by Jon Guze
Senior Fellow, Legal Studies, John Locke Foundation
In a recent opinion piece, Karen Cox answers that question for New York Times readers:
After a vicious governor’s race in which the Democrat, Roy Cooper, squeaked past the incumbent Republican, Pat McCrory, the state General Assembly drew up and passed a series of bills that greatly restrict the power of our incoming chief executive — bills that Mr. McCrory has signed.
This is only the latest in a series of fierce political fights in our state. Earlier this year, it was around H.B. 2, the so-called bathroom bill; before that, it was over efforts by state Republicans to restrict voting rights. All of this in a state long regarded as a paragon of Southern moderation.
But rather than being an outlier, North Carolina is the distillation of nationwide trends. Our cities are solidly blue, while our rural regions, which thanks to gerrymandering have an outsize power, are reactionary red, and their representatives are bent on breaking every rule to keep a hold on power. …
In 1984, our state was embroiled in one of the most divisive campaigns for the United States Senate that North Carolinians had ever witnessed, in a battle that pitted Governor Hunt against the incumbent Republican, Jesse Helms. Its brutality shocked the nation and even international observers. Then in 1990, when Helms faced Harvey Gantt, the former mayor of Charlotte and an African-American, those divisions hardened. The Helms campaign produced the infamous “Hands” ad, which showed a pair of white hands crumpling a job application, a not so subtly racist message about affirmative action “quotas.” …
Fast forward to 2010, when North Carolina Republicans seized control of the General Assembly, which put them in charge of the House and Senate for the first time since 1870, and the governor’s office in 2012. Since then, there’s been a desperate effort to return the state to its less progressive roots. And that’s being kind.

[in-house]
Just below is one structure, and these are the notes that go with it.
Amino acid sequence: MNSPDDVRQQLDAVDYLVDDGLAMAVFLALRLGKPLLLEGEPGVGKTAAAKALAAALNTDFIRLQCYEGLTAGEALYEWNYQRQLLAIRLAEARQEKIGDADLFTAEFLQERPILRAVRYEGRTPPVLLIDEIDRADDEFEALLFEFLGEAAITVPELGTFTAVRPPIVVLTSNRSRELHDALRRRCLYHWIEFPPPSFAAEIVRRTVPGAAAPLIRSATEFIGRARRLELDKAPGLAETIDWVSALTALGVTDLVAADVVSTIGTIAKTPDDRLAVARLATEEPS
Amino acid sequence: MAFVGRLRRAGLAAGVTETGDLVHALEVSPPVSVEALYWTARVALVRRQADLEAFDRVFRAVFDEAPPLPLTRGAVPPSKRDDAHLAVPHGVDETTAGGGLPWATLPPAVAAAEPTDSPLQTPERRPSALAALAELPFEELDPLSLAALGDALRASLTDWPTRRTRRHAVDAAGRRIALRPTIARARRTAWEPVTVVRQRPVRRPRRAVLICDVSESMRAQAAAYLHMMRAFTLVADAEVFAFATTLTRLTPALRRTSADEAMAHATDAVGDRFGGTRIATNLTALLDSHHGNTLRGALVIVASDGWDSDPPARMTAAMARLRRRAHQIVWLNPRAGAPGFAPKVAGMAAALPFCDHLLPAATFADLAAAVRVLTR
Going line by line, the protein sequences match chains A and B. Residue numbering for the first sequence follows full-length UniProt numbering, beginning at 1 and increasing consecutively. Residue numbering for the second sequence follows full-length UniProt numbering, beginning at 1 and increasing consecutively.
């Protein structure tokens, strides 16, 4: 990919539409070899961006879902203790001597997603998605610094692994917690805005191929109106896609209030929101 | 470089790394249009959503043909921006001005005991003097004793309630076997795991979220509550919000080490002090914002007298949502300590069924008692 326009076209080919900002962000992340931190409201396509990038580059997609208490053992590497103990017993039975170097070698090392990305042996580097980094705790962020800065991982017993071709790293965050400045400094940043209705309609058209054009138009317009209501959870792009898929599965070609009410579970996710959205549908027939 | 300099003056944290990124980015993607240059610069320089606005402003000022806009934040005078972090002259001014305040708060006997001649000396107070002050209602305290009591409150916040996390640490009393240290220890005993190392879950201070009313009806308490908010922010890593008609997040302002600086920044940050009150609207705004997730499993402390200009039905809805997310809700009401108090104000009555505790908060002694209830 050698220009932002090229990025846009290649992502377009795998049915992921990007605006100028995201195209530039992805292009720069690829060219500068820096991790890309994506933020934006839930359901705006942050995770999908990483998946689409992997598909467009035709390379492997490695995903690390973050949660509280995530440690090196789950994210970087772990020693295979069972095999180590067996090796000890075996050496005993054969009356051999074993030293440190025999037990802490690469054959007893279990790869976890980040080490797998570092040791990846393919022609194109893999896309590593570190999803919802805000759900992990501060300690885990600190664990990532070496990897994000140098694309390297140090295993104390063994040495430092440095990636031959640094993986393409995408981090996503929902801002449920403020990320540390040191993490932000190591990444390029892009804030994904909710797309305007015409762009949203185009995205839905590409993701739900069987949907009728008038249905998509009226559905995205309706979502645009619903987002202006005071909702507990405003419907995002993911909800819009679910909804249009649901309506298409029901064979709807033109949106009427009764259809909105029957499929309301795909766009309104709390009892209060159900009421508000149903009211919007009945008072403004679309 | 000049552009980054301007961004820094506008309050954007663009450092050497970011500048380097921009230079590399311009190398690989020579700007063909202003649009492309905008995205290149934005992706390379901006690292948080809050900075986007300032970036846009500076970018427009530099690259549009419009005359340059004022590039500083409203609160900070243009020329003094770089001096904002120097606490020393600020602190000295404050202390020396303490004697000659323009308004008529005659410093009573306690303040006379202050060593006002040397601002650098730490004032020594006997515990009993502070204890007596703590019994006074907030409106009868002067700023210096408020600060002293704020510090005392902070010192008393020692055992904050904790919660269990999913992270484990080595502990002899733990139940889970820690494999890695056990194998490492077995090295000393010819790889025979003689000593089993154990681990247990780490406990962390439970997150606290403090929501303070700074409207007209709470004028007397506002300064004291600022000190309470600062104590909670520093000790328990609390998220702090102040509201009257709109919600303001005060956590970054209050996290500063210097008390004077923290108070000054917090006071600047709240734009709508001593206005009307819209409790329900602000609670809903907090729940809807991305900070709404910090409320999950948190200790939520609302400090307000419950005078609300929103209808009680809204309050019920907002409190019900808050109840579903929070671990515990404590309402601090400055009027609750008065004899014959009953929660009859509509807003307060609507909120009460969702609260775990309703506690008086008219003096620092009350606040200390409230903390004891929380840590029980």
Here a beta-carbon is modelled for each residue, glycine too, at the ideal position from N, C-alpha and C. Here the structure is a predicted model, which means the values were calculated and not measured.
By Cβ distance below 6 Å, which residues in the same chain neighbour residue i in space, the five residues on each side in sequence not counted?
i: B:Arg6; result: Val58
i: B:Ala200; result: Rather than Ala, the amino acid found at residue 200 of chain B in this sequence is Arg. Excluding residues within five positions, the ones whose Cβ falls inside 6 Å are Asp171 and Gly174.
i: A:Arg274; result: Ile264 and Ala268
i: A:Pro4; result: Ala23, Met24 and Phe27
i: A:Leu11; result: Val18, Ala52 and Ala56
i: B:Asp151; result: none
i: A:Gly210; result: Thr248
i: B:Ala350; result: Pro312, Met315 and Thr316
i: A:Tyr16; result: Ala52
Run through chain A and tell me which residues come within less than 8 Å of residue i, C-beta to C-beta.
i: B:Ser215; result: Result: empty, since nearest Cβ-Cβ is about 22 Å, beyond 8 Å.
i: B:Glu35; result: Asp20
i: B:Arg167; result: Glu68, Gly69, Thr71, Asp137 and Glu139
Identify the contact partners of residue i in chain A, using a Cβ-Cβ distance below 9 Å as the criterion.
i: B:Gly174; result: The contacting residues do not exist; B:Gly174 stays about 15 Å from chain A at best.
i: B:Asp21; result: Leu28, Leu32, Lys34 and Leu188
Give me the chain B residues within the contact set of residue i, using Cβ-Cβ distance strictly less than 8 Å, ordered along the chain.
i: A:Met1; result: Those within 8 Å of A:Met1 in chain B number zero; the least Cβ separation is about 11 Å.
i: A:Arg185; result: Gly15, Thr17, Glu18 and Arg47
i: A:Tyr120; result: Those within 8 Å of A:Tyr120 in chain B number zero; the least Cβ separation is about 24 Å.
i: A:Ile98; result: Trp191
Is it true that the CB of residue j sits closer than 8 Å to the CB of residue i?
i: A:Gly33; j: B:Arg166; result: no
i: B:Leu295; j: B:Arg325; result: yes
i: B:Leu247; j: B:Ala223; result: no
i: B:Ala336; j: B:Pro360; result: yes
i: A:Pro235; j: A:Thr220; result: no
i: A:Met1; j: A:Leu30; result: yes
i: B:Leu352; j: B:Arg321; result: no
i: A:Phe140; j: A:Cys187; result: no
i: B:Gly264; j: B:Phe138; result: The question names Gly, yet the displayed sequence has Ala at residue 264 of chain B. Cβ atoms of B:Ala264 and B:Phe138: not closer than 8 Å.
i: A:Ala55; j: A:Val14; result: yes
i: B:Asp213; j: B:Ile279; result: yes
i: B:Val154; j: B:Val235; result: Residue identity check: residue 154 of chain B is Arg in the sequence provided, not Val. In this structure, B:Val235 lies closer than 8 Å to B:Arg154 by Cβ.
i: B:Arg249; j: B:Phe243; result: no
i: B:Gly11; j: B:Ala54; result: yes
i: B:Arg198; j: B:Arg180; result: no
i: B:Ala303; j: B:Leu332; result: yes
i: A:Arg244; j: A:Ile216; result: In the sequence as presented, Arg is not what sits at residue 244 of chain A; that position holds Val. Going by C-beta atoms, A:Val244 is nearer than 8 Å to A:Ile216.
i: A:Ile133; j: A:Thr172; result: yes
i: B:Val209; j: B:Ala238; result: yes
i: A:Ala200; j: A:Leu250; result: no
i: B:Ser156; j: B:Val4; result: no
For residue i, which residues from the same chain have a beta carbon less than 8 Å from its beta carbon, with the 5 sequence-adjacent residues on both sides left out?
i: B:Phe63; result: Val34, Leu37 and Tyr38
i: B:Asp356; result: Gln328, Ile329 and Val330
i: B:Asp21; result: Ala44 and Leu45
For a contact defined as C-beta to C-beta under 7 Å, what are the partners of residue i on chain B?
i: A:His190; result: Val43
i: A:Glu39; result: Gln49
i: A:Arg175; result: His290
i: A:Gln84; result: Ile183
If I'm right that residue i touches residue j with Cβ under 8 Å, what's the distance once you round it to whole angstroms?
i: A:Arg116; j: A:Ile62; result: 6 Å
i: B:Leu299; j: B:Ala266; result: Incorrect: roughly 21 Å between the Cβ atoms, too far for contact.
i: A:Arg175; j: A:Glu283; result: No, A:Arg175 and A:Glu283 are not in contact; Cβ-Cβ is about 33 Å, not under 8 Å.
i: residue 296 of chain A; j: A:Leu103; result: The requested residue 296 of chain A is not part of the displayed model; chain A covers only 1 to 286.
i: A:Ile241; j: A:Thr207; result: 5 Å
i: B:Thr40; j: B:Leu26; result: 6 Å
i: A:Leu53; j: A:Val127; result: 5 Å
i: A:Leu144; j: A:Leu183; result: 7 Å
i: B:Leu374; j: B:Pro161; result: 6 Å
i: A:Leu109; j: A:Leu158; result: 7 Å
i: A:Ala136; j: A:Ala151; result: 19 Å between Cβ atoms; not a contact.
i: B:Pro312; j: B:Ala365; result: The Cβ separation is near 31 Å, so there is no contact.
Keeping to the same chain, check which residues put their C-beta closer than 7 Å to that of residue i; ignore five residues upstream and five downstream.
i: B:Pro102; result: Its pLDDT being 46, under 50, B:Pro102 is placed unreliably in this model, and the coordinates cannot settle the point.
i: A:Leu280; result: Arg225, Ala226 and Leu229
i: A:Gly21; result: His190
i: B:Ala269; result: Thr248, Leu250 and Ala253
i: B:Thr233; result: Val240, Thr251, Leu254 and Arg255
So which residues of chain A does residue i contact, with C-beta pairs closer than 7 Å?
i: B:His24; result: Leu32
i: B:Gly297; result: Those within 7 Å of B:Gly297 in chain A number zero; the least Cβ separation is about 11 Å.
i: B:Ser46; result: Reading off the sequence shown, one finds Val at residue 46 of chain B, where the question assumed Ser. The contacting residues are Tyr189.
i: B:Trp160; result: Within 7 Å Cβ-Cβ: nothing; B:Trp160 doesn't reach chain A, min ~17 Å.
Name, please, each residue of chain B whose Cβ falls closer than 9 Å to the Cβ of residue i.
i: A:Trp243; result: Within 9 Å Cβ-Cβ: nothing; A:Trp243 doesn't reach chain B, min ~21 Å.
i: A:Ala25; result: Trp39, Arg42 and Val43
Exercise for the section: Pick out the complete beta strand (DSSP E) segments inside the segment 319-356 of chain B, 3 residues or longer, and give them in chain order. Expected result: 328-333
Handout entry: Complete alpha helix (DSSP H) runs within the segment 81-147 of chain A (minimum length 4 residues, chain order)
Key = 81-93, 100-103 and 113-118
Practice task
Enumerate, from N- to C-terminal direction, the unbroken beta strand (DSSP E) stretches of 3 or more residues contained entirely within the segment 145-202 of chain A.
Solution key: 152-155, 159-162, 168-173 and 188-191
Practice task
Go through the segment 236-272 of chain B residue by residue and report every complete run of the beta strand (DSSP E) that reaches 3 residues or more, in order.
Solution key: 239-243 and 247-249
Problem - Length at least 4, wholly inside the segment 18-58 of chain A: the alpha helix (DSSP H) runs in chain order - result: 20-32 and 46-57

Though a slight majority of the state clearly supports Democratic leadership and progressive policies, the state’s Republicans, bankrolled by the right-wing businessman Art Pope, have targeted jobless benefits, education and welfare spending, while pushing for redistricting and limits on voting rights to keep them in power. They have operated as thieves in the night, presenting bills crafted in midnight sessions to their Democratic colleagues only a few hours before a vote is to be held. …
Now we find ourselves in a situation that looks akin to the South of the 1890s. Then, it was the Democratic Party that went to work to reverse what little gains Reconstruction had given freedmen. State governments implemented laws to preserve white supremacy, and politically disenfranchised black voters.
Today, North Carolina’s citizens — including an increasingly diverse and growing minority population — are being disenfranchised by the Republican-controlled General Assembly. G.O.P. lawmakers have brazenly dismissed the will of the people in this election and have shown no compunction about curtailing civil liberties. Worst of all, they have passed, and will continue to pass, regressive laws that undermine our democracy, even as they subvert the Constitution they claim to defend.
How and when the state will emerge from the damage being done, we do not know. But all North Carolina citizens, Republican and Democrat — and all Americans — should be concerned.